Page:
Ancient South America

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Cambridge University Press, 1994 - History - 424 pages
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"To outsiders ancient South America is synonymous with the Incas. Originally a small unremarkable group, the Incas, under their leader Pachacuti, conquered most of their known world within a single lifetime. But before the Incas there were some ten millennia of prehistory, centuries in which great civilizations rose flourished and, inevitably, fell. Chavin, with its fanged gods and hallucinogenic drugs; Huam, a massive militaristic state; the Manteno, who held the most valued substance of the Andes in their power; the Quimbaya, who developed the most beautiful gold work the world has ever seen - all were part of the unique history of the continent. Ancient South America provides an incisive view of this exotic continent and its remarkable past. The origins of agriculture, ceramics and metallurgy and the complexities of Andean mythology are covered clearly and non-dogmatically, as are developments in the tropical regions of the continent. The contributions of these cultures to modern civilizations are enormous yet still little appreciated."--BOOK JACKET.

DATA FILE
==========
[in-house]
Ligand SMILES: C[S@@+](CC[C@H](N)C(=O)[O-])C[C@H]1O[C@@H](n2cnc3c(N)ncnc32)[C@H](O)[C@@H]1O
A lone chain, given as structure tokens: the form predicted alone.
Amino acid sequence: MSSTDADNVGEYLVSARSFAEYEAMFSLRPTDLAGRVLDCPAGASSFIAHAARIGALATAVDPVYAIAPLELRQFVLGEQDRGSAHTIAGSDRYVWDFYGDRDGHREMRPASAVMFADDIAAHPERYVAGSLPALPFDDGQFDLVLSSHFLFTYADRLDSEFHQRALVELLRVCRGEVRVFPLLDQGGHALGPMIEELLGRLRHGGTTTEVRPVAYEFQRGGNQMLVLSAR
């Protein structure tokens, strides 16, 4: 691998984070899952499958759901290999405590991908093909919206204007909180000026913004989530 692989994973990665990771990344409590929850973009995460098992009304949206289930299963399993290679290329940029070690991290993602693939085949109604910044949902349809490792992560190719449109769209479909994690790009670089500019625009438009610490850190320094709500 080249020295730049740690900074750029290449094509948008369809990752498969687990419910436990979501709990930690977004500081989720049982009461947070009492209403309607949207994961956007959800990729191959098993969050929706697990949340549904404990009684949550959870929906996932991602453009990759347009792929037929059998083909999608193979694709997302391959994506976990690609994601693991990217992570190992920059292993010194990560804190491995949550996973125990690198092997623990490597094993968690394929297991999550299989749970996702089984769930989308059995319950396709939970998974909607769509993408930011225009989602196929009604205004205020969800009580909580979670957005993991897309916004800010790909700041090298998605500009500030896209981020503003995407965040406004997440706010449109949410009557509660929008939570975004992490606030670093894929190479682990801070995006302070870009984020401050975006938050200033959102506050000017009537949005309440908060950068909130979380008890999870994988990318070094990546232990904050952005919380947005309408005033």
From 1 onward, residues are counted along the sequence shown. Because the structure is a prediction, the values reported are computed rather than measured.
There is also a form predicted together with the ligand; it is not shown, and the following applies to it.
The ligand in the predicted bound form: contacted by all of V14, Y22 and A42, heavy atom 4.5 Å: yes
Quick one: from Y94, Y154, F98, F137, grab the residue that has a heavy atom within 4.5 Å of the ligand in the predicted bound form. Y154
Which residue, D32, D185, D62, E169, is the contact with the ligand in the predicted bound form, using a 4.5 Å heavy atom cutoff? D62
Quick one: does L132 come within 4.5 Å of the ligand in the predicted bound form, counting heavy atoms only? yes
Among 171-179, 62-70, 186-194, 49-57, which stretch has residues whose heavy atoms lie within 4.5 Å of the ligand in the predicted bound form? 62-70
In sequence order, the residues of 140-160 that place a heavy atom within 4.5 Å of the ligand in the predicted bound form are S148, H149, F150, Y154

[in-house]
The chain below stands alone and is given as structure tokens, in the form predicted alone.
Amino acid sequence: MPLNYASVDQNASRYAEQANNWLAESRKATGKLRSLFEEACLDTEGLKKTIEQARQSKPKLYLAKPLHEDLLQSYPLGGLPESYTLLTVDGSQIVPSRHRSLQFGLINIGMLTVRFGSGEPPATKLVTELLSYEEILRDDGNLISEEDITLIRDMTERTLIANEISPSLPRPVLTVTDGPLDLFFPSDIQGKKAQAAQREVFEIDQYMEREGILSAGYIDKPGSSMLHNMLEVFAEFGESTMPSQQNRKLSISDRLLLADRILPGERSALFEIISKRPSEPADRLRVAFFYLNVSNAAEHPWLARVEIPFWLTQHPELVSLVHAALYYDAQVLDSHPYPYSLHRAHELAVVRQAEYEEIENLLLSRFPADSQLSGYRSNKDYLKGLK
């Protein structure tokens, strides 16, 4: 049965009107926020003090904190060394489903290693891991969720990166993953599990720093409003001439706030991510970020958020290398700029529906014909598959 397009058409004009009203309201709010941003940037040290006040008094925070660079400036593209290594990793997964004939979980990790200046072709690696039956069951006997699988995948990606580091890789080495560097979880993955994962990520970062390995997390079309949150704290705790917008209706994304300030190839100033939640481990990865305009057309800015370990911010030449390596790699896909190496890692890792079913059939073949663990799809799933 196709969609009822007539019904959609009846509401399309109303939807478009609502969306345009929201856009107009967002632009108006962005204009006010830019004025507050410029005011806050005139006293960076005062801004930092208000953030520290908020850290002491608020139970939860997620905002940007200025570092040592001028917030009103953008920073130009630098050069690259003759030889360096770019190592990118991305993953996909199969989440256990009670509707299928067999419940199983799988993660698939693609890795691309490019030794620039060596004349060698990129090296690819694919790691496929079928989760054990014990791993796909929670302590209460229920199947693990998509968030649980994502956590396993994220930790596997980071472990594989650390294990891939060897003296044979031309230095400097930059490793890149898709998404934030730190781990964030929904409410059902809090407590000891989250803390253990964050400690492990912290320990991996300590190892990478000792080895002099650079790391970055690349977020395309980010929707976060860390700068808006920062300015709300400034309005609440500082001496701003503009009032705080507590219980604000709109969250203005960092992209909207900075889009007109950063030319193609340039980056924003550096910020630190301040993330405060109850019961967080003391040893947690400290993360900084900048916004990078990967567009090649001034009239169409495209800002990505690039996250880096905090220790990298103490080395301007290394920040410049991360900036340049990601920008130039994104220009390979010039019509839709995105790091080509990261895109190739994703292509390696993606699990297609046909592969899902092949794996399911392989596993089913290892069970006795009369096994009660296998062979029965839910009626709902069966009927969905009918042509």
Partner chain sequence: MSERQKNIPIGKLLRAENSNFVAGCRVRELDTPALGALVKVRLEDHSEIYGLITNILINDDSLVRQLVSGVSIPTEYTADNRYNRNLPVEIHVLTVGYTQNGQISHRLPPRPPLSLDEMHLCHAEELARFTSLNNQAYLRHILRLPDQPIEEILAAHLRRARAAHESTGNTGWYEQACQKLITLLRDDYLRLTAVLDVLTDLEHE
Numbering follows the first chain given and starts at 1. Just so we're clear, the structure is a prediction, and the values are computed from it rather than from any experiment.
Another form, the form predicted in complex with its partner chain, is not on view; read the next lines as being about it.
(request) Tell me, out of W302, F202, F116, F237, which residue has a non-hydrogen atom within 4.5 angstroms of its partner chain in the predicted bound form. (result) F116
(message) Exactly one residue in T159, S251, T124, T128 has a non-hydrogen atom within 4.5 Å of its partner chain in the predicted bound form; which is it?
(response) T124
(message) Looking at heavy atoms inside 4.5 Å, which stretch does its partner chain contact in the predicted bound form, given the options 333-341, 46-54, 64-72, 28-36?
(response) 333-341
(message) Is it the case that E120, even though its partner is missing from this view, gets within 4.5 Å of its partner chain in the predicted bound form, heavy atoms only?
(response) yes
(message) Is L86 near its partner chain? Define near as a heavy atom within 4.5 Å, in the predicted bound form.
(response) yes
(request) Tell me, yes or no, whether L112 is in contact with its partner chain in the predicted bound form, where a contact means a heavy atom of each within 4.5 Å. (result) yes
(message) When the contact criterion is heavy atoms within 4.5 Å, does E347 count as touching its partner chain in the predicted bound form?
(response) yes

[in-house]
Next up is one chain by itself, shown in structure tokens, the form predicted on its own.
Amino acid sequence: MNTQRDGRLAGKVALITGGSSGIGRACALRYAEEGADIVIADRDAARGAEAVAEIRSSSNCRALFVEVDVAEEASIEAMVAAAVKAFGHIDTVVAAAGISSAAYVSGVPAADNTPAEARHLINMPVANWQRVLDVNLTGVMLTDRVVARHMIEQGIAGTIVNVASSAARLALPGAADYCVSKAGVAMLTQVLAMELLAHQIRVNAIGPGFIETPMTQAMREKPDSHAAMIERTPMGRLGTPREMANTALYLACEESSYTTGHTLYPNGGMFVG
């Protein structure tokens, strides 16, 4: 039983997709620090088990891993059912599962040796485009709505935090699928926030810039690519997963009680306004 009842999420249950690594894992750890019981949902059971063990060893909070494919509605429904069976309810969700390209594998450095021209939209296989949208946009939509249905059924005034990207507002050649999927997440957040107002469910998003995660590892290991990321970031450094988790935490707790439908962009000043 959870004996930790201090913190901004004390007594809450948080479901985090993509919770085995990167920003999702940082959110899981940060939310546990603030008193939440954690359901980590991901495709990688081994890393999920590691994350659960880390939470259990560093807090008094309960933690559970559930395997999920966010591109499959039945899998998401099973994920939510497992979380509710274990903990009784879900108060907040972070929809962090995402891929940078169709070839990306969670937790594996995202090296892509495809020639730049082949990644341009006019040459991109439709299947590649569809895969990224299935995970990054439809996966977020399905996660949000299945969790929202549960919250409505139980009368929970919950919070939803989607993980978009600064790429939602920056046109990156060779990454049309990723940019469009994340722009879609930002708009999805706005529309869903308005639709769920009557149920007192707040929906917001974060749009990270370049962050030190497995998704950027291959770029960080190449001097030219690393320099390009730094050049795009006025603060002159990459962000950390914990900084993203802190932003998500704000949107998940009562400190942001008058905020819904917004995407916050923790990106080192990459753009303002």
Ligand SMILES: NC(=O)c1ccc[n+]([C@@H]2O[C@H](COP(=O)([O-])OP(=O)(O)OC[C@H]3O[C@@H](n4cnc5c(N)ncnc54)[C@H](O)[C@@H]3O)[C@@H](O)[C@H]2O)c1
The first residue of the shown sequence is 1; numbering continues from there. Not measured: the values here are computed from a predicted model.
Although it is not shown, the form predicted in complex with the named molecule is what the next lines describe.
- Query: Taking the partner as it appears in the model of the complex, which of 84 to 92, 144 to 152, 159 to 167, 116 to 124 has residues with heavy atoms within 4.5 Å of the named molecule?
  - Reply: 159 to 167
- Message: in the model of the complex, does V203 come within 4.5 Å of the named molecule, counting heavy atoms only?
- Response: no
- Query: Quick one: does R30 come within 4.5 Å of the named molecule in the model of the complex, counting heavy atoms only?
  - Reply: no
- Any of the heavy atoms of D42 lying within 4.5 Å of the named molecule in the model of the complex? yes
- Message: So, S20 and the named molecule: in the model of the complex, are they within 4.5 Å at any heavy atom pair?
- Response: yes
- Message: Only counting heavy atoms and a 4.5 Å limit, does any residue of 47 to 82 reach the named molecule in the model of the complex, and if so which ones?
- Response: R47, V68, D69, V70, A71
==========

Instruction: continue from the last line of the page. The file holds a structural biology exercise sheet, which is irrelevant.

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Contents

Still a New World
1
The physical setting
23
430006000 BC
43
60003500 BC
65
The problem of maize
89
their origins and technology
116
the high art of South America
156
Metallurgy
174
AD 500900
239
Transport and trade
278
The sixteenth century
331
Intercontinental movements before Columbus
360
Appendix A Economic plants originating in South America
378
Select bibliography
401
Index
418
Copyright

Iconographic studies
223

Common terms and phrases

Popular passages

Page 406 - Goodman, Edward J., The Explorers of South America. University of Oklahoma Press, Norman, 1992.

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About the author (1994)

Bruhns is Professor of Anthropology at San Francisco State University and Research Associate, Califonia Academy of Sciences.

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